Welsh Care Homes “failing some of the most vulnerable in our society”

After the unearthing of a major scandal at the Pines Residential Home in Gwynedd, Janet Finch-Saunders, Assembly Member for Aberconwy, as the Shadow Cabinet Secretary for Social Care, Children, Young People, and Older People, challenged the Minister for Social Care on the situation in the chamber, and has gone on to express her fear that the system we currently have in place is failing some of the most vulnerable in our society.

 

Janet said:

 

“I have been horrified to learn about allegations of elder abuse and neglect at the Pines Residential Home in Gwynedd. 

 

“Footage has come to light of this home, and allegations of falsifying of documents, medications hidden in residents' food, use of unsafe methods of moving residents and an overall lack of dignity and respect in their treatment and care.

 

“Such treatment and failure to meet the standards expected in Wales was highlighted by Y Byd ar Bedwar on S4C, and myself in the Senedd last week.

 

“Bearing in mind the fact that the residential facility was already known to Care Inspectorate Wales and had a number of critical reports against it, I asked the Minister for Social Care to ensure that any homes such as Pines facilities are put on strict, meaningful improvement programmes, to ensure that vulnerable residents are safeguarded against any malpractice or neglect.

 

“Whilst the Minister was constrained on what he could say about Pines due to an inspection currently being undertaken, I cannot hide my concern at what now seems to be reality: that the Care Inspectorate is not succeeding in ensuring that serious problems are being addressed.

 

“I cannot help now but worry about standards of care across Wales as I seem to have a justified fear that the system we currently have in place is failing some of the most vulnerable in our society”.

 

ENDS

 

Speech and question by Janet in the Senedd:

 

Diolch, Llywydd. Minister, I'm sure that you are as horrified as I am to learn of the horrific failings and incidences of alleged abuse and neglect at the Pines residential home in Gwynedd. From the footage that has come to light at this home, there is apparent evidence of falsifying documents, medications hidden in residents' food, unsafe methods of moving residents and an overall lack of dignity and respect in their treatment and care. These are all incidences that fall well below what is expected within Wales and its own care regulations, all highlighted as a result of some investigative journalism shown last night on the Y Byd ar Bedwar S4C programme that I watched. What concerns me, Minister, is that this residential facility was already known to Care Inspectorate Wales and had a number of critical reports against its conduct and treatment of residents, but the poor treatment of its vulnerable adults has clearly continued. What is your Government doing alongside CIW to ensure that any facilities, such as the Pines residential home, are put on strict, meaningful improvement programmes, to ensure that the vulnerable residents are safeguarded against any malpractice or neglect?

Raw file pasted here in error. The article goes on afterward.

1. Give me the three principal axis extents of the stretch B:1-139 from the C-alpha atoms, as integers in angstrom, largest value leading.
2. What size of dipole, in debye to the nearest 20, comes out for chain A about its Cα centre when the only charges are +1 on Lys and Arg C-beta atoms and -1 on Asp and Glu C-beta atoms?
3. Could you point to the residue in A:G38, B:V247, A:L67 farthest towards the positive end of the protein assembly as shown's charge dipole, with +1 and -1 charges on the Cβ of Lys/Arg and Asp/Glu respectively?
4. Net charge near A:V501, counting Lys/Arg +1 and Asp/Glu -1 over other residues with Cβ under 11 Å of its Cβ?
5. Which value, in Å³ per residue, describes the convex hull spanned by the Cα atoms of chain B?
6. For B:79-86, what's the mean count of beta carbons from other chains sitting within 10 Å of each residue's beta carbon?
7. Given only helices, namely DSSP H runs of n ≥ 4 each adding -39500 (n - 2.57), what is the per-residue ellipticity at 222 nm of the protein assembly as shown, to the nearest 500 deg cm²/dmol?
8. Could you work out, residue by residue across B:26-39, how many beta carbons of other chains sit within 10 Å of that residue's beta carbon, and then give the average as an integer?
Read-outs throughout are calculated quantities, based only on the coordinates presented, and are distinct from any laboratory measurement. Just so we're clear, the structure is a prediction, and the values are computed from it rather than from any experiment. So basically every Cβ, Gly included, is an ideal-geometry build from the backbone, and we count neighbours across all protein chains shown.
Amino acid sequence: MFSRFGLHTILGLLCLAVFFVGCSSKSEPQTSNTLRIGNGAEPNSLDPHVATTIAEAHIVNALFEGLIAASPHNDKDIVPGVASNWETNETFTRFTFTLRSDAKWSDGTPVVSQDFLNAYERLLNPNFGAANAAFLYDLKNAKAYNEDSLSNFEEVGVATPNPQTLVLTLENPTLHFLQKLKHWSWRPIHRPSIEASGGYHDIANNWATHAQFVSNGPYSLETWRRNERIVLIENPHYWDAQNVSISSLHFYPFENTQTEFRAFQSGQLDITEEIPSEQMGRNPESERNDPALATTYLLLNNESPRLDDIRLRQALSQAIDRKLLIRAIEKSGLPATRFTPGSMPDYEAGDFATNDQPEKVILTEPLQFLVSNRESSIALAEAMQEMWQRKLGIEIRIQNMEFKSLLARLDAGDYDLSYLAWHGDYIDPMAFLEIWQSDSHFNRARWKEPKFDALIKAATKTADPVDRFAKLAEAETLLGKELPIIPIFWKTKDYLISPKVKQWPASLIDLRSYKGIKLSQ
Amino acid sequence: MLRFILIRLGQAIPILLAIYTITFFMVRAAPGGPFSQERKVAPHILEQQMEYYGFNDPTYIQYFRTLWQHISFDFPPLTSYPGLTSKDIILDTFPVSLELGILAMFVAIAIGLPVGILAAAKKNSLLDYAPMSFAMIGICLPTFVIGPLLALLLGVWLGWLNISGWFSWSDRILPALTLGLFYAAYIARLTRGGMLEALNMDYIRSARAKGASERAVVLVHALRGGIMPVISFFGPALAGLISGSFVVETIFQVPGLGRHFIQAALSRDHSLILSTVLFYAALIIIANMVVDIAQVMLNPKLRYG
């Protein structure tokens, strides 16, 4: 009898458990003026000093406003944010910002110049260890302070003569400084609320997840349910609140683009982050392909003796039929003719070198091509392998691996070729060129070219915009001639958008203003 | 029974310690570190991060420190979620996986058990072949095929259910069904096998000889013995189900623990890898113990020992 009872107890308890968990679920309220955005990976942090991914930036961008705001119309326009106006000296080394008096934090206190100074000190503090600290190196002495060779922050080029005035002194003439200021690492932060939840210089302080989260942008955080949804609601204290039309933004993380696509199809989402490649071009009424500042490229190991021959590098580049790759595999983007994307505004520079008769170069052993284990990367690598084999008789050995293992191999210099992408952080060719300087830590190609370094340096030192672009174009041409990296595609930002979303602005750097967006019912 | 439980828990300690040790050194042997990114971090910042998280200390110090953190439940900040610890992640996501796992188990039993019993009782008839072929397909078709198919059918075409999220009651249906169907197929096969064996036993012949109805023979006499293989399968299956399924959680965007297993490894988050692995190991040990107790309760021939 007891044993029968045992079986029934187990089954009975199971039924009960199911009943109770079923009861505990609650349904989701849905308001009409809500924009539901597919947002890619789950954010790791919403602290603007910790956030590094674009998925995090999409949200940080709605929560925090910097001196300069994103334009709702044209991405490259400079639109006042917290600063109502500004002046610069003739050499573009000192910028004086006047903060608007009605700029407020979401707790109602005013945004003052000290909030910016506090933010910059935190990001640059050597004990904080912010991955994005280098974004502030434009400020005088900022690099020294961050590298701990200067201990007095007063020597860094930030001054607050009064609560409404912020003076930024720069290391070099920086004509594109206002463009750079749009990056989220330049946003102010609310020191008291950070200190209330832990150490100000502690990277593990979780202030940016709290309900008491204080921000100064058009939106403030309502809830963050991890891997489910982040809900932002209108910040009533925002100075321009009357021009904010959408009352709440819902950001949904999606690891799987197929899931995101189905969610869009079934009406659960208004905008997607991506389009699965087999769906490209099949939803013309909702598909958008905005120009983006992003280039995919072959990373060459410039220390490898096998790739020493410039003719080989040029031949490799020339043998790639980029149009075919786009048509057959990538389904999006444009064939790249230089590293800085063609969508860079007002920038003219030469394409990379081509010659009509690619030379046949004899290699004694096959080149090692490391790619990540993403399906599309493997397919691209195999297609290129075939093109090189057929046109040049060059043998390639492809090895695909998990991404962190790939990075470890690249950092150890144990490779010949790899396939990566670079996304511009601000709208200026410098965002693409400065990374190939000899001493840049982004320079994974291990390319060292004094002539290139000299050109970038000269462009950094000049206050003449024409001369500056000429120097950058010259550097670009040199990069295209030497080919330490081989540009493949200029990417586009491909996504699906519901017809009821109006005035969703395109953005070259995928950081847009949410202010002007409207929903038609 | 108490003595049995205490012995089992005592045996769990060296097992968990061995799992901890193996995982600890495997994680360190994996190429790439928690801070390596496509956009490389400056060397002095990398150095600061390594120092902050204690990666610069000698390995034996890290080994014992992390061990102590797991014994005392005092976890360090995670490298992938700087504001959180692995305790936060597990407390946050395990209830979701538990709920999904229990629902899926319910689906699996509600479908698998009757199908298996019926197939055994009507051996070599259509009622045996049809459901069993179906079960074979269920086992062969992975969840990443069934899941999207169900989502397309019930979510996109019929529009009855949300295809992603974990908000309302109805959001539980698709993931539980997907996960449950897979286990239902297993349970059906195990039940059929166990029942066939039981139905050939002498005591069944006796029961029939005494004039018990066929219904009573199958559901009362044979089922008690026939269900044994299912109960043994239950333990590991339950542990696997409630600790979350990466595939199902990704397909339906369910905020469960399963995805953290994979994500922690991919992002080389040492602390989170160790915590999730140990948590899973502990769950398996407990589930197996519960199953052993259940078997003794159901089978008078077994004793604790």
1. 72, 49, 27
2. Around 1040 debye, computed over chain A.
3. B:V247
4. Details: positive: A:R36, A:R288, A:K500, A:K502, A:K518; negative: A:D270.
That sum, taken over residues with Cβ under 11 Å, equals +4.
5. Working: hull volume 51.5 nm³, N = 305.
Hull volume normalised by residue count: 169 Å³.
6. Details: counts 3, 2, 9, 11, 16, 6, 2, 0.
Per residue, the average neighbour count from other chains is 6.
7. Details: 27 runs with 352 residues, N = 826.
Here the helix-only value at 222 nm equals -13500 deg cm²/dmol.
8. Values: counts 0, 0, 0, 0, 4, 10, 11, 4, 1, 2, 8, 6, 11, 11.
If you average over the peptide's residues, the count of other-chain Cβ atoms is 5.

Response by Huw Irranca-Davies AM, Minister for Children, Older People and Social Care:

Thank you for the question, and yes, I've seen the programme Y Byd ar Bedwar, and we're very aware of the concerns that have been raised regarding the Pines in Criccieth, as is the care inspectorate. The inspectorate took immediate action on being made aware of those issues identified by S4C at the Pines, and its inspection is ongoing as we speak. Now, because of that, it's difficult for me to comment any further about the Pines itself at the moment, but you do rightly point out that, actually, there have been improvement plans and inspections previously that have led to improvement measures within this home. It’s right that the inspectorate is in there right now investigating the latest allegations, as they remain at the moment—allegations—and to see what needs to be done. But it is difficult for me to comment further on the Pines.

What I can say as well, though, is that the care inspectorate carried out over 600 inspections as part of its regular inspection and regulation regime last year, but, of course, it’s always able, on the reporting of any incidents of possible abuse, neglect or whatever, to actually go into a home at a moment’s notice, and that’s what it's done in this respect.

You asked also what can the Welsh Government do further? I think that there are things that we can do and that we are doing. Only a couple of years ago, this Assembly took forward the Regulation and Inspection of Social Care (Wales) Act 2016. That is significantly different, because, for example, that places quite firmly, within law, requirements on providers and designated responsible individuals for care homes so we know where the buck stops as well. But it also moves away from minimum standards of provision, which, if you have a minimum standard, people choose to meet the minimum standard and no more, and it focuses instead on continual improvement, which is what we want to get from all our care home settings. But it also places an emphasis on the importance of the individual—on their care, their support and on supporting them in what their needs are. We won't get there overnight on this, but this is what the Welsh Government can do: set the framework for both the regulator and for care homes to constantly drive improvement.

Notes:

Shocking undercover footage reveals cord tangled around elderly man asleep at Gwynedd nursing home

Y Byd ar Bedwar

Care Inspectorate Wales